Identification of Differentially Expressed Genes in Chilling-Induced Potato (Solanum tuberosum L.); a Data Analysis Study


Koc I., Vatansever R., Ozyigit İ. İ. , Filiz E.

APPLIED BIOCHEMISTRY AND BIOTECHNOLOGY, vol.177, no.4, pp.792-811, 2015 (Journal Indexed in SCI) identifier identifier identifier

  • Publication Type: Article / Article
  • Volume: 177 Issue: 4
  • Publication Date: 2015
  • Doi Number: 10.1007/s12010-015-1778-9
  • Title of Journal : APPLIED BIOCHEMISTRY AND BIOTECHNOLOGY
  • Page Numbers: pp.792-811

Abstract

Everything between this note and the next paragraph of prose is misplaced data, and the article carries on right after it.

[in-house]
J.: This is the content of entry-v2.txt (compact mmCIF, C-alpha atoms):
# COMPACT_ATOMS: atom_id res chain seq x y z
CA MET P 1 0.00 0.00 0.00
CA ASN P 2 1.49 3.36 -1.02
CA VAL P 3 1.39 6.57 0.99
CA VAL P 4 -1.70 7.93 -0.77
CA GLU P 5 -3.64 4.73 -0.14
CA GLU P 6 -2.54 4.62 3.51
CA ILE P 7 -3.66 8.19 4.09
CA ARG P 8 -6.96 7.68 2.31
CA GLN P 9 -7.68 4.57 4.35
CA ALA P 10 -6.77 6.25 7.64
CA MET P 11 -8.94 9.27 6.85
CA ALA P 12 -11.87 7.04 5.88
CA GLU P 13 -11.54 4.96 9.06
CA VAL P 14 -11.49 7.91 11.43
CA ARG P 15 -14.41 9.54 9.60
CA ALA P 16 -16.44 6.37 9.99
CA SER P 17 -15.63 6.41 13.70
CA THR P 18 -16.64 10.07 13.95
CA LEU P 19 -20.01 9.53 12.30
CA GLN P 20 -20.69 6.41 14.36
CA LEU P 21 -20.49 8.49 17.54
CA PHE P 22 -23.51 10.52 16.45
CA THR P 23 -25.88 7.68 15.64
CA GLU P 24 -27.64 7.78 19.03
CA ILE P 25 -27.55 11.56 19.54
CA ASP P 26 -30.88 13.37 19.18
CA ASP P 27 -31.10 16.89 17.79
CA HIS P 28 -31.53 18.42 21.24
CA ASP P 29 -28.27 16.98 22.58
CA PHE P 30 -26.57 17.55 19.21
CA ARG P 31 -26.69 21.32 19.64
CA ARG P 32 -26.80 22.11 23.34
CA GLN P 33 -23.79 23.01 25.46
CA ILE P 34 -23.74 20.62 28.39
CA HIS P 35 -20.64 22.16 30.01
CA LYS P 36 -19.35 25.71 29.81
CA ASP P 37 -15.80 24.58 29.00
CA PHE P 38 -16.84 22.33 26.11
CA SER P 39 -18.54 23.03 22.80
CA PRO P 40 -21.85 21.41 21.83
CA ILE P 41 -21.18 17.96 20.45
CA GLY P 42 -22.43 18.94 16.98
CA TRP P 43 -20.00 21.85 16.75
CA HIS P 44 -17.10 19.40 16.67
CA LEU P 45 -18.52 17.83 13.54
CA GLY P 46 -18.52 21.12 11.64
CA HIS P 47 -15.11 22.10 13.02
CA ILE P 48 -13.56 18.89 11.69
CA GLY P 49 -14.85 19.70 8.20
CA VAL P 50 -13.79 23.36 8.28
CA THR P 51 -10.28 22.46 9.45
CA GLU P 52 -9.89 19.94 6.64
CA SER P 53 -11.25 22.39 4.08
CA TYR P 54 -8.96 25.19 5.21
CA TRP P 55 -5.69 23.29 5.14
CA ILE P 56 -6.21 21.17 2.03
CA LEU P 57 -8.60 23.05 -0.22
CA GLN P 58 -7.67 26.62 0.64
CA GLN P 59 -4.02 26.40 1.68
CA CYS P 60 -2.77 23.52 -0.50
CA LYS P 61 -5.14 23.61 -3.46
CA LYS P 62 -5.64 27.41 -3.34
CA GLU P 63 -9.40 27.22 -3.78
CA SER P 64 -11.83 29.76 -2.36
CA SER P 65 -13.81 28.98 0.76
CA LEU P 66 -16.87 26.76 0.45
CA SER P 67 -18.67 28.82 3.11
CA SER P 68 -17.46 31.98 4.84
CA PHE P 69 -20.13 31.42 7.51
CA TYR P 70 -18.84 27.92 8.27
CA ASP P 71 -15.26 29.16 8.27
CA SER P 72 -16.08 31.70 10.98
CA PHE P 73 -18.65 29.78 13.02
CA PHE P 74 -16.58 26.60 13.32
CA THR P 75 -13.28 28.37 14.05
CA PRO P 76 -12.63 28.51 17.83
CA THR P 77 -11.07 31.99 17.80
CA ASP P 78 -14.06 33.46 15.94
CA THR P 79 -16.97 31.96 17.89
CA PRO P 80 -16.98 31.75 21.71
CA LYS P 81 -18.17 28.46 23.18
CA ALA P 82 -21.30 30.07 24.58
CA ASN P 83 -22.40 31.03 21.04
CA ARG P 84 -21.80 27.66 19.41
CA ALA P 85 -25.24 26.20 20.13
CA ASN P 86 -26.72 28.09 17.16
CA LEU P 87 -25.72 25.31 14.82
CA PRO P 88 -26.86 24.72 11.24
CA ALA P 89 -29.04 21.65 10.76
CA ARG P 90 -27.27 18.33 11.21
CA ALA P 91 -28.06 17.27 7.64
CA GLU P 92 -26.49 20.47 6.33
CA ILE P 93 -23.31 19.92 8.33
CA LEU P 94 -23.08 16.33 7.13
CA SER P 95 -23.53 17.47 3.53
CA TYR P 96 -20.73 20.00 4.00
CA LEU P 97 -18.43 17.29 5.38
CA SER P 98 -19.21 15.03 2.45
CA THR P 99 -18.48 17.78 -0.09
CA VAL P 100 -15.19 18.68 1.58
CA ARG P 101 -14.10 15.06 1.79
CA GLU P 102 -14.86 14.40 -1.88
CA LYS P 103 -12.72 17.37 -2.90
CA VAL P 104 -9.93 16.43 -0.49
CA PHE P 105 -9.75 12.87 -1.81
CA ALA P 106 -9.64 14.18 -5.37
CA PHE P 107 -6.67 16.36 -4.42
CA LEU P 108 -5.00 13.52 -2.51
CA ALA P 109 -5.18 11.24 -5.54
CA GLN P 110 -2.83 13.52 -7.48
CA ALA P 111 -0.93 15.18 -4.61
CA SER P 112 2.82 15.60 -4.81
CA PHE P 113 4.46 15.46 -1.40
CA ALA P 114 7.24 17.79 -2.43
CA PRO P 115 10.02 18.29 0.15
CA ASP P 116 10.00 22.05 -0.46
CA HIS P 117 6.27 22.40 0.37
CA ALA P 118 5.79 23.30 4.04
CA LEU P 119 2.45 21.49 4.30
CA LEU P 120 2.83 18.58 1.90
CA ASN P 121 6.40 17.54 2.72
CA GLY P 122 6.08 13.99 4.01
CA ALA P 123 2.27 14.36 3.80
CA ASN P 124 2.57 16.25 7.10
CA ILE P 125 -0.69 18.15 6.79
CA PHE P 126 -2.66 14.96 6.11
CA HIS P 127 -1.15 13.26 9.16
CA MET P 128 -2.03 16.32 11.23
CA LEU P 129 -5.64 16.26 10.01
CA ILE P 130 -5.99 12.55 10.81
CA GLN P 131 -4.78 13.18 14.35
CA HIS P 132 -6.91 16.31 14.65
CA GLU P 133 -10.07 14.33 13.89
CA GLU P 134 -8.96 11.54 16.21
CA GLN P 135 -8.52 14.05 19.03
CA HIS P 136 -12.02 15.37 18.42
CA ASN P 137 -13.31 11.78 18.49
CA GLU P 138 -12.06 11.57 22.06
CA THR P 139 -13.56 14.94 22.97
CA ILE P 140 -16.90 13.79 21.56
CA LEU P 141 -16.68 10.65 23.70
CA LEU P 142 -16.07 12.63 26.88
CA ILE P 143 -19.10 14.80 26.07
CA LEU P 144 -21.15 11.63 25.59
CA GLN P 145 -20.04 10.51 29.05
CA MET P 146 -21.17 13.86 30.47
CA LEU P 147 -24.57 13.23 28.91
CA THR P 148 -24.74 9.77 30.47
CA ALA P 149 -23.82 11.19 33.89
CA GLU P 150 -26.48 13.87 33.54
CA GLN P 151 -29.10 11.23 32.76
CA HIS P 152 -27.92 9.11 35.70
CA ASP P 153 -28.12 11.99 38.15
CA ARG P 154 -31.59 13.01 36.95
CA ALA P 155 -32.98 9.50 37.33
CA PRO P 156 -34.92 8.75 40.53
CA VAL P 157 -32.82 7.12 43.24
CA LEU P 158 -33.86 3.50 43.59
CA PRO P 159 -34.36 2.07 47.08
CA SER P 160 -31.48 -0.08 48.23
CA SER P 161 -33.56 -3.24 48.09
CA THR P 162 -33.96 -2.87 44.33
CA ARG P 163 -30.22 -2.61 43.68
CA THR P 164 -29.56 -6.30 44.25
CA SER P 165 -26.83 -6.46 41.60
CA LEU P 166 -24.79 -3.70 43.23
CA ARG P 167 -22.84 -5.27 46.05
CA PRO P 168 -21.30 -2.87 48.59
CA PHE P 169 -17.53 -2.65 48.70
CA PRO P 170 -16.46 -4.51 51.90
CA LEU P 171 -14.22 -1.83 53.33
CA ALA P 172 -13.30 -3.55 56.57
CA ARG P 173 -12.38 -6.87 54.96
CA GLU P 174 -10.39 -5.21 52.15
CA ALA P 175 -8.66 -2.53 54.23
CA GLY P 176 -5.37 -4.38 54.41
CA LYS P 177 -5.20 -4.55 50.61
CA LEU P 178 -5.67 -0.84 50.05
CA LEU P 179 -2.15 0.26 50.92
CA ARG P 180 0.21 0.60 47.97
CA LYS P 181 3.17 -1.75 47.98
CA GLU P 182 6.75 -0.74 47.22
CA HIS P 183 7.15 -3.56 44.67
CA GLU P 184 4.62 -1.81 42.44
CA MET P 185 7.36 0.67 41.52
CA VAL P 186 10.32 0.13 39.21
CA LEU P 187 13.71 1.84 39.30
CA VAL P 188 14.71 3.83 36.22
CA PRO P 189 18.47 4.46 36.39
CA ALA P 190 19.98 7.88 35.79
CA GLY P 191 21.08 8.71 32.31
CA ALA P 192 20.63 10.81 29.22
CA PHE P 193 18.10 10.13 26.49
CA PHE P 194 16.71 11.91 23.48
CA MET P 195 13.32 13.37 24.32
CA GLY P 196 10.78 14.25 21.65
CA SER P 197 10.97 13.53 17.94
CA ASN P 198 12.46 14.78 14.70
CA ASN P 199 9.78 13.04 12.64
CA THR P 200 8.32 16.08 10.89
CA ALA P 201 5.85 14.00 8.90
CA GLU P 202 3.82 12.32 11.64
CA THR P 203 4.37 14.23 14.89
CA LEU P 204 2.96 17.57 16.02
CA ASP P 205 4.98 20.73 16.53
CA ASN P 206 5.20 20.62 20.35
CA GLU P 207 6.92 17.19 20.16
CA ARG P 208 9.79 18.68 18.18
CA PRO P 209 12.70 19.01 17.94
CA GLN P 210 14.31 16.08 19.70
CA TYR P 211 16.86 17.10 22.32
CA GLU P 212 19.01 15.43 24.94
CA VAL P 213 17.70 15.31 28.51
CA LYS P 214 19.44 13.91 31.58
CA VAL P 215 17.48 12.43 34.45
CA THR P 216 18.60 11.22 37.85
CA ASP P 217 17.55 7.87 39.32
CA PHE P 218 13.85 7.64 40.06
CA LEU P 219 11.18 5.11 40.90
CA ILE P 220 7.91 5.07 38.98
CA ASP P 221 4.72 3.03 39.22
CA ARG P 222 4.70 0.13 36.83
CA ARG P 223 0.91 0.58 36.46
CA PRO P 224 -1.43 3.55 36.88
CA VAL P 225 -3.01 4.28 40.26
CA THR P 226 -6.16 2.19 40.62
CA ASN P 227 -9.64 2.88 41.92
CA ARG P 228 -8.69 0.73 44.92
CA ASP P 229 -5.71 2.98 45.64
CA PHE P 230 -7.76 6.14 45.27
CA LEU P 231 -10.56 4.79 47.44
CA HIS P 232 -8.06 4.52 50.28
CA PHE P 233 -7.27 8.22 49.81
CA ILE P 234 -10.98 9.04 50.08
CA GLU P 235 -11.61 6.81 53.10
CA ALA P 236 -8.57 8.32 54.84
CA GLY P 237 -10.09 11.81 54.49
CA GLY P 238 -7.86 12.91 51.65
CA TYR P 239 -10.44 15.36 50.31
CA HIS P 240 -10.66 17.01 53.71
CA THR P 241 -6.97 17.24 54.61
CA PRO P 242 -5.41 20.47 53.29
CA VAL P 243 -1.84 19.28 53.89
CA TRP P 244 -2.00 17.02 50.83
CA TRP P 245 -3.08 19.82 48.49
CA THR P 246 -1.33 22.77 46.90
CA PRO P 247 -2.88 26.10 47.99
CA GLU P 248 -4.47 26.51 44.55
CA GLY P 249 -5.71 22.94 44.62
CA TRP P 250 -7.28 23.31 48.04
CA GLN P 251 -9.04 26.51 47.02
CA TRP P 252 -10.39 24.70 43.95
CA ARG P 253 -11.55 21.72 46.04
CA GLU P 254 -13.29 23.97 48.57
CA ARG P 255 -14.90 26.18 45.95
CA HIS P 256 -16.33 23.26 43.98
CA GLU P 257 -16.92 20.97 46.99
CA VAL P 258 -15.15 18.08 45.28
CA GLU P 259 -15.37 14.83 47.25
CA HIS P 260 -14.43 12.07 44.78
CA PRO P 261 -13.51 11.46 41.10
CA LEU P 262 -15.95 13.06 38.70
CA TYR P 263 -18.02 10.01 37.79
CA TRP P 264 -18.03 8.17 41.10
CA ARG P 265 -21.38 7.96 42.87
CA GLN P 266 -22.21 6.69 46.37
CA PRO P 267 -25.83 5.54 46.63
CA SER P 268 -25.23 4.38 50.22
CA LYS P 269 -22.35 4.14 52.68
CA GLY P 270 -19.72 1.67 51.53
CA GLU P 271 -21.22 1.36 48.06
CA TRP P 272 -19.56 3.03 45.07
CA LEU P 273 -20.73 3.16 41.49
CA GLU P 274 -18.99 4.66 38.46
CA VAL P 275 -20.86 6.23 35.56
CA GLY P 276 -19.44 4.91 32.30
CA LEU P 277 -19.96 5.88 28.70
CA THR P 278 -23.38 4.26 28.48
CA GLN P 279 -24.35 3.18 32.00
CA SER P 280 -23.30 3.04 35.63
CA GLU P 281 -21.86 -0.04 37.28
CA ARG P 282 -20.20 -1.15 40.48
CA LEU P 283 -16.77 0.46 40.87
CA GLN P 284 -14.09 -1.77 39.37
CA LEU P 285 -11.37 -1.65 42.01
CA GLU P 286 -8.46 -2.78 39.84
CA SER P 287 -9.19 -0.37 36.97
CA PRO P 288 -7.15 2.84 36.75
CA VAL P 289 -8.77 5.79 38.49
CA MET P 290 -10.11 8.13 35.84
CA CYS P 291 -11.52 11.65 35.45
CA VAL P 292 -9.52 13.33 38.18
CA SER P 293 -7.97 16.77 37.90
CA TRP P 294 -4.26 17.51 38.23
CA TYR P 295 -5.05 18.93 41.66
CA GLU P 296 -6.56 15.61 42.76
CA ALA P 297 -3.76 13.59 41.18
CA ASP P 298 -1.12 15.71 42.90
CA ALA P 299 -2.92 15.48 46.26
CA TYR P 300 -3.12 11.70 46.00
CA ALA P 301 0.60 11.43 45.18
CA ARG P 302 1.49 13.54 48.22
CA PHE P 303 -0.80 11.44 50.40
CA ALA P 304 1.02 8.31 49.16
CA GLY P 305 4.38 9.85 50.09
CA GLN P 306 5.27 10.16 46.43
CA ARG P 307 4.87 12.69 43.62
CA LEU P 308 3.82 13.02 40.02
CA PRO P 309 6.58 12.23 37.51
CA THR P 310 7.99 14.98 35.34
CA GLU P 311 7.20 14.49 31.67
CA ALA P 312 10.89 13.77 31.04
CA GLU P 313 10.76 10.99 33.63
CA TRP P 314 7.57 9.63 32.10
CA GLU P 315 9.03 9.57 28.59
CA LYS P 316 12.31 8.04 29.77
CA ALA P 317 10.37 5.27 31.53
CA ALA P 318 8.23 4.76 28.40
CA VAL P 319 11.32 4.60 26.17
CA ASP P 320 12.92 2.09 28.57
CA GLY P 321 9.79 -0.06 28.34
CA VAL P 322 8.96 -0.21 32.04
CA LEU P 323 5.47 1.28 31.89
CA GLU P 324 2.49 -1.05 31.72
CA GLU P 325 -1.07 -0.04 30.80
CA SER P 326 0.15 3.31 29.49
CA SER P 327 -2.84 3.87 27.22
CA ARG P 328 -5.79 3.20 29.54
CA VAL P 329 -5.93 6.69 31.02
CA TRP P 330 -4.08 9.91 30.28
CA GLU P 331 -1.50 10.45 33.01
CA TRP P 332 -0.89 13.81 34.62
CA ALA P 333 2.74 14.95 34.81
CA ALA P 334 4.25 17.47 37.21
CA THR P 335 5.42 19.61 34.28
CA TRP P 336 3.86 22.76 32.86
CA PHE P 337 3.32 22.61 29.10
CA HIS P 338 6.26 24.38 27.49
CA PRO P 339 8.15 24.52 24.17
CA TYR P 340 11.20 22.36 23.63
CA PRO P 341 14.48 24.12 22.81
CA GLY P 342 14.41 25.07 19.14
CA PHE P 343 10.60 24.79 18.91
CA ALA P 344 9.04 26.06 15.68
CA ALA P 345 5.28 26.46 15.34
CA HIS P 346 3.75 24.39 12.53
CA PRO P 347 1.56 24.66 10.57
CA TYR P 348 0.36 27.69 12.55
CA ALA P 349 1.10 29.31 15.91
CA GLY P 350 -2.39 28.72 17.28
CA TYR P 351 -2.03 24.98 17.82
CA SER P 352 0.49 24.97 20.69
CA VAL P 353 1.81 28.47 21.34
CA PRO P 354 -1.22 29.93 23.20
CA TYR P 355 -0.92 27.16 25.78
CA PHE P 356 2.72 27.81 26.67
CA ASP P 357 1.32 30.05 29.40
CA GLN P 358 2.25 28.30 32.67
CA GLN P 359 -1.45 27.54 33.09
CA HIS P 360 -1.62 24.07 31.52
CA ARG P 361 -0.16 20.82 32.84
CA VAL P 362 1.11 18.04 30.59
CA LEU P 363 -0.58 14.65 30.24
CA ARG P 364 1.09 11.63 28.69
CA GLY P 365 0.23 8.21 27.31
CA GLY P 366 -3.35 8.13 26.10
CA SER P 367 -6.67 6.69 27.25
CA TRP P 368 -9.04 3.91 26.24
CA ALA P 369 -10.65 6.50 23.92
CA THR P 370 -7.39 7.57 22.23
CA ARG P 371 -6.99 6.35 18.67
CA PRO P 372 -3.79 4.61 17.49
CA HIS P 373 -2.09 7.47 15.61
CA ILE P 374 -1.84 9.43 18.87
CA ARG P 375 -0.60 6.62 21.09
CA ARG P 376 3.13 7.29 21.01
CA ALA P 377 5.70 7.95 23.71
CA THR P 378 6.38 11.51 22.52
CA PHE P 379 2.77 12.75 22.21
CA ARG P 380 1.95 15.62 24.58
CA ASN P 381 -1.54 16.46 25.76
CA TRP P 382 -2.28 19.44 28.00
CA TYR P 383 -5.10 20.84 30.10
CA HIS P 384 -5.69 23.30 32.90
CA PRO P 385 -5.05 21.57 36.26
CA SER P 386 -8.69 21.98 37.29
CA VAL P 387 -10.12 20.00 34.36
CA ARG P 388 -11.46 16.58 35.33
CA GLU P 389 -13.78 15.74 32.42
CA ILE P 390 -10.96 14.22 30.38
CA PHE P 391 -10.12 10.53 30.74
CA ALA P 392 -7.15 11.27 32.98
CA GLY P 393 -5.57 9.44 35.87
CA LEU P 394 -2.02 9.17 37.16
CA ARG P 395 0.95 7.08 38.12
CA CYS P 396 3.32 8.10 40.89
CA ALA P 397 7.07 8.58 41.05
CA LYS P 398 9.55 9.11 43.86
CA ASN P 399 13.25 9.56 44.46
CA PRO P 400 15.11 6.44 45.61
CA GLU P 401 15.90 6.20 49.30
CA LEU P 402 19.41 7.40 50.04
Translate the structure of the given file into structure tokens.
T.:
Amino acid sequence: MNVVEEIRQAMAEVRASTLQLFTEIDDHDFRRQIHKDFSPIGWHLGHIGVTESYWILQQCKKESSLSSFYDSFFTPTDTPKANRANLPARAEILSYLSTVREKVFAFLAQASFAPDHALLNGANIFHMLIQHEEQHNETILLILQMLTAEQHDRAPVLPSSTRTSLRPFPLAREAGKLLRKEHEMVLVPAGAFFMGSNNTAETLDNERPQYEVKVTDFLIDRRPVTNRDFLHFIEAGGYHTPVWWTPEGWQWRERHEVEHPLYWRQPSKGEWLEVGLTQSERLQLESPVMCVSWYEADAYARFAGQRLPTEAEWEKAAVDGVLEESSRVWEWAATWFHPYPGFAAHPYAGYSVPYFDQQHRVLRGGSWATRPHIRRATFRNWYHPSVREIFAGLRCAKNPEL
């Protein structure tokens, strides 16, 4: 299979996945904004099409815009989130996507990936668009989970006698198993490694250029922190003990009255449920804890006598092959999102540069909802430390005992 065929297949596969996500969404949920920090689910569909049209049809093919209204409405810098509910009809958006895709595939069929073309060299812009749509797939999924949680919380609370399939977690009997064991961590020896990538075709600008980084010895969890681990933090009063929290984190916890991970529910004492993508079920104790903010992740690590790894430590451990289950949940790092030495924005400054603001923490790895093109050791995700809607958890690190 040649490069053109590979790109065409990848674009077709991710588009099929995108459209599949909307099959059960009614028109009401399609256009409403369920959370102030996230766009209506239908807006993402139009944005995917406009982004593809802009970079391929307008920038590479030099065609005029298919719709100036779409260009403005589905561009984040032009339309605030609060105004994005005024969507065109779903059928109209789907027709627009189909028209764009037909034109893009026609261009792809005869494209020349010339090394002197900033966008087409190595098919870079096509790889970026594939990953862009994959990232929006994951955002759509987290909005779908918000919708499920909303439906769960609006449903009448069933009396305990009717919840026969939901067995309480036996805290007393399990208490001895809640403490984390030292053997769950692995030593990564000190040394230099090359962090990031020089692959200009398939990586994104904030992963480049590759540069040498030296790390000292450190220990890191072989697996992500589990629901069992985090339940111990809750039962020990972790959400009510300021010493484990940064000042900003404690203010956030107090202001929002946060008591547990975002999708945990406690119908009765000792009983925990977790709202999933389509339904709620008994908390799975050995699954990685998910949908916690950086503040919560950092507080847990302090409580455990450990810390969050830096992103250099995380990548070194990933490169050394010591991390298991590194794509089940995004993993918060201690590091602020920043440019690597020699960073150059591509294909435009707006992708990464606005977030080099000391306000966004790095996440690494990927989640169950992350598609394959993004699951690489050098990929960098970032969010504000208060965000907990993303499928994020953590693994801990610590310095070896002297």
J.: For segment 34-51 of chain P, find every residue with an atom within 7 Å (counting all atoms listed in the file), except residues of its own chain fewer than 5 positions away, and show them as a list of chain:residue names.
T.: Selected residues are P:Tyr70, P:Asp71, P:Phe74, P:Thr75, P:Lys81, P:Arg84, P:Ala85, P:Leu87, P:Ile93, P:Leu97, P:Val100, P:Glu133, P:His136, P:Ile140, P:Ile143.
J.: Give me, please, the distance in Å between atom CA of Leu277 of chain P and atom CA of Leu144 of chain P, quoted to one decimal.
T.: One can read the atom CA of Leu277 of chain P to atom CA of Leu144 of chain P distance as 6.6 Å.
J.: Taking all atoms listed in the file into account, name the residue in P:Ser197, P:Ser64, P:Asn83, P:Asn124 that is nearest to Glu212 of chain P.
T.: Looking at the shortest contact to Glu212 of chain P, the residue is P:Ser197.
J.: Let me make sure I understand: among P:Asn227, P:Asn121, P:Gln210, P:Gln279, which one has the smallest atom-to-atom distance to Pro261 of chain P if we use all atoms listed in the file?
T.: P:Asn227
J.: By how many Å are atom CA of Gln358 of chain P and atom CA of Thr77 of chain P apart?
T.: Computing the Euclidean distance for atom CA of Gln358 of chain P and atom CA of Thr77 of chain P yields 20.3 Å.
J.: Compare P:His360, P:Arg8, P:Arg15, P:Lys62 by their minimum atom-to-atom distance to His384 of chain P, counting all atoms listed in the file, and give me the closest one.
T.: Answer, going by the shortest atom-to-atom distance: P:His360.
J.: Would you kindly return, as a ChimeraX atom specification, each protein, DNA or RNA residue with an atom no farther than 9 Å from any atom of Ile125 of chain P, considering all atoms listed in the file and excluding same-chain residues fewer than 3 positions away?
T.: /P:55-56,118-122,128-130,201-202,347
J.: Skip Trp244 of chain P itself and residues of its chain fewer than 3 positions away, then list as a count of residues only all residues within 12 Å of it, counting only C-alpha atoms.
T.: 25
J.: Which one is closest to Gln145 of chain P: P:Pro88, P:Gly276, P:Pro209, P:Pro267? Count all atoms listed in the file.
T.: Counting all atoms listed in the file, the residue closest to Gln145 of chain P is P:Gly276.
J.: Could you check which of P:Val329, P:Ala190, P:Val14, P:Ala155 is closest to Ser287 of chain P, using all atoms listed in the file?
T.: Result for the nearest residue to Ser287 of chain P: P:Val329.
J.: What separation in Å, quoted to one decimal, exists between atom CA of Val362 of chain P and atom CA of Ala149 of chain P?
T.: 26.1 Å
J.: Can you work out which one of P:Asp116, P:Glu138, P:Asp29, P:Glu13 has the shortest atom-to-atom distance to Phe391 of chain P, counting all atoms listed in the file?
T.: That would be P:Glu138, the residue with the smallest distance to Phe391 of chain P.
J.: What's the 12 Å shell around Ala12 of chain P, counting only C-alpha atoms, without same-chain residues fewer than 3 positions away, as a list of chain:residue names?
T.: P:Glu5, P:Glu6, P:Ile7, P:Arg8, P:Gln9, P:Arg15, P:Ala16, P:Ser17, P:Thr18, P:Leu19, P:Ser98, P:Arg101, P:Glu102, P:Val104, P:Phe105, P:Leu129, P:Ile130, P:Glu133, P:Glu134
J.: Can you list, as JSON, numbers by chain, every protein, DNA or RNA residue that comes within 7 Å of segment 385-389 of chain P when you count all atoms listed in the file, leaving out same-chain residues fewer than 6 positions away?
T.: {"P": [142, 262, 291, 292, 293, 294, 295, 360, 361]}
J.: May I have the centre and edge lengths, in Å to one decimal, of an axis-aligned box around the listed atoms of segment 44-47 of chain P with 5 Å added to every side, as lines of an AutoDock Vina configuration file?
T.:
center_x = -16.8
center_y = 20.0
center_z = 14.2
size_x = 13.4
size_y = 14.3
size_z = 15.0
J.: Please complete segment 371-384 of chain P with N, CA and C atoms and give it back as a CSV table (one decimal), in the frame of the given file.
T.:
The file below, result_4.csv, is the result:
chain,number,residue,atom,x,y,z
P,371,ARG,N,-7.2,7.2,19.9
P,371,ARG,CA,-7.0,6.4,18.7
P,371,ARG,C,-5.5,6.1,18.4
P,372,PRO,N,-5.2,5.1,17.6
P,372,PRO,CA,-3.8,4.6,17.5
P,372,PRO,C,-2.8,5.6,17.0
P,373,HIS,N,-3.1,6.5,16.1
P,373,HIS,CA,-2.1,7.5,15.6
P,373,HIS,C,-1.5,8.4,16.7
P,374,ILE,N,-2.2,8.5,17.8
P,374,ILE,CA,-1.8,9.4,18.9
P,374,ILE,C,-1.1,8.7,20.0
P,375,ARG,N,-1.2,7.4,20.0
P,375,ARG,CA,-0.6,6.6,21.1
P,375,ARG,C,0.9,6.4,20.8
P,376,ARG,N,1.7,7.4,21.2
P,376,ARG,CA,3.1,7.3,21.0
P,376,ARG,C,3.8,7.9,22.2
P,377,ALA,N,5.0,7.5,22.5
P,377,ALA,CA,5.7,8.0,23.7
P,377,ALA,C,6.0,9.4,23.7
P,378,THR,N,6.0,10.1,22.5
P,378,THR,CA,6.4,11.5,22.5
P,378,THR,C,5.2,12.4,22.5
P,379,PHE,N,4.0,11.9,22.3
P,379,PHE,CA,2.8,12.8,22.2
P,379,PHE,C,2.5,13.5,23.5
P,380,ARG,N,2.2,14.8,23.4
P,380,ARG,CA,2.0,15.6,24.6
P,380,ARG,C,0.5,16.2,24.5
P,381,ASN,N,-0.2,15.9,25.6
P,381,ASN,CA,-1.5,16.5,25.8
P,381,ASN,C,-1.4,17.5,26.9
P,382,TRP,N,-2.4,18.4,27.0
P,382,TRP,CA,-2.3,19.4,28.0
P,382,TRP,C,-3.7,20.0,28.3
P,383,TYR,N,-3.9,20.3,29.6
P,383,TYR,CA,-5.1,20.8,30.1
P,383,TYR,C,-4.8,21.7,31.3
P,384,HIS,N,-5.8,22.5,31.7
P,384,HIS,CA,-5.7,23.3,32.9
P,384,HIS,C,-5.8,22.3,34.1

Cold stress, as chilling (< 20 A degrees C) or freezing (< 0 A degrees C), is one of the frequently exposed stresses in cultivated plants like potato. Under cold stress, plants differentially modulate their gene expression to develop a cold tolerance/acclimation. In the present study, we aimed to identify the overall gene expression profile of chilling-stressed (+4 A degrees C) potato at four time points (4, 8, 12, and 48 h), with a particular emphasis on the genes related with transcription factors (TFs), phytohormones, lipid metabolism, signaling pathway, and photosynthesis. A total of 3504 differentially expressed genes (DEGs) were identified at four time points of chilling-induced potato, of which 1397 were found to be up-regulated while 2107 were down-regulated. Heatmap showed that genes were mainly up-regulated at 4-, 8-, and 12-h time points; however, at 48-h time point, they inclined to down-regulate. Seventy five up-regulated TF genes were identified from 37 different families/groups, including mainly from bHLH, WRKY, CCAAT-binding, HAP3, and bZIP families. Protein kinases and calcium were major signaling molecules in cold-induced signaling pathway. A collaborated regulation of phytohormones was observed in chilling-stressed potato. Lipid metabolisms were regulated in a way, highly probably, to change membrane composition to avoid cold damage and render in signaling. A down-regulated gene expression profile was observed in photosynthesis pathway, probably resulting from chilling-induced reduced enzyme activity or light-triggered ROSs damage. The findings of this study will be a valuable theoretical knowledge in terms of understanding the chilling-induced tolerance mechanisms in cultivated potato plants as well as in other Solanum species.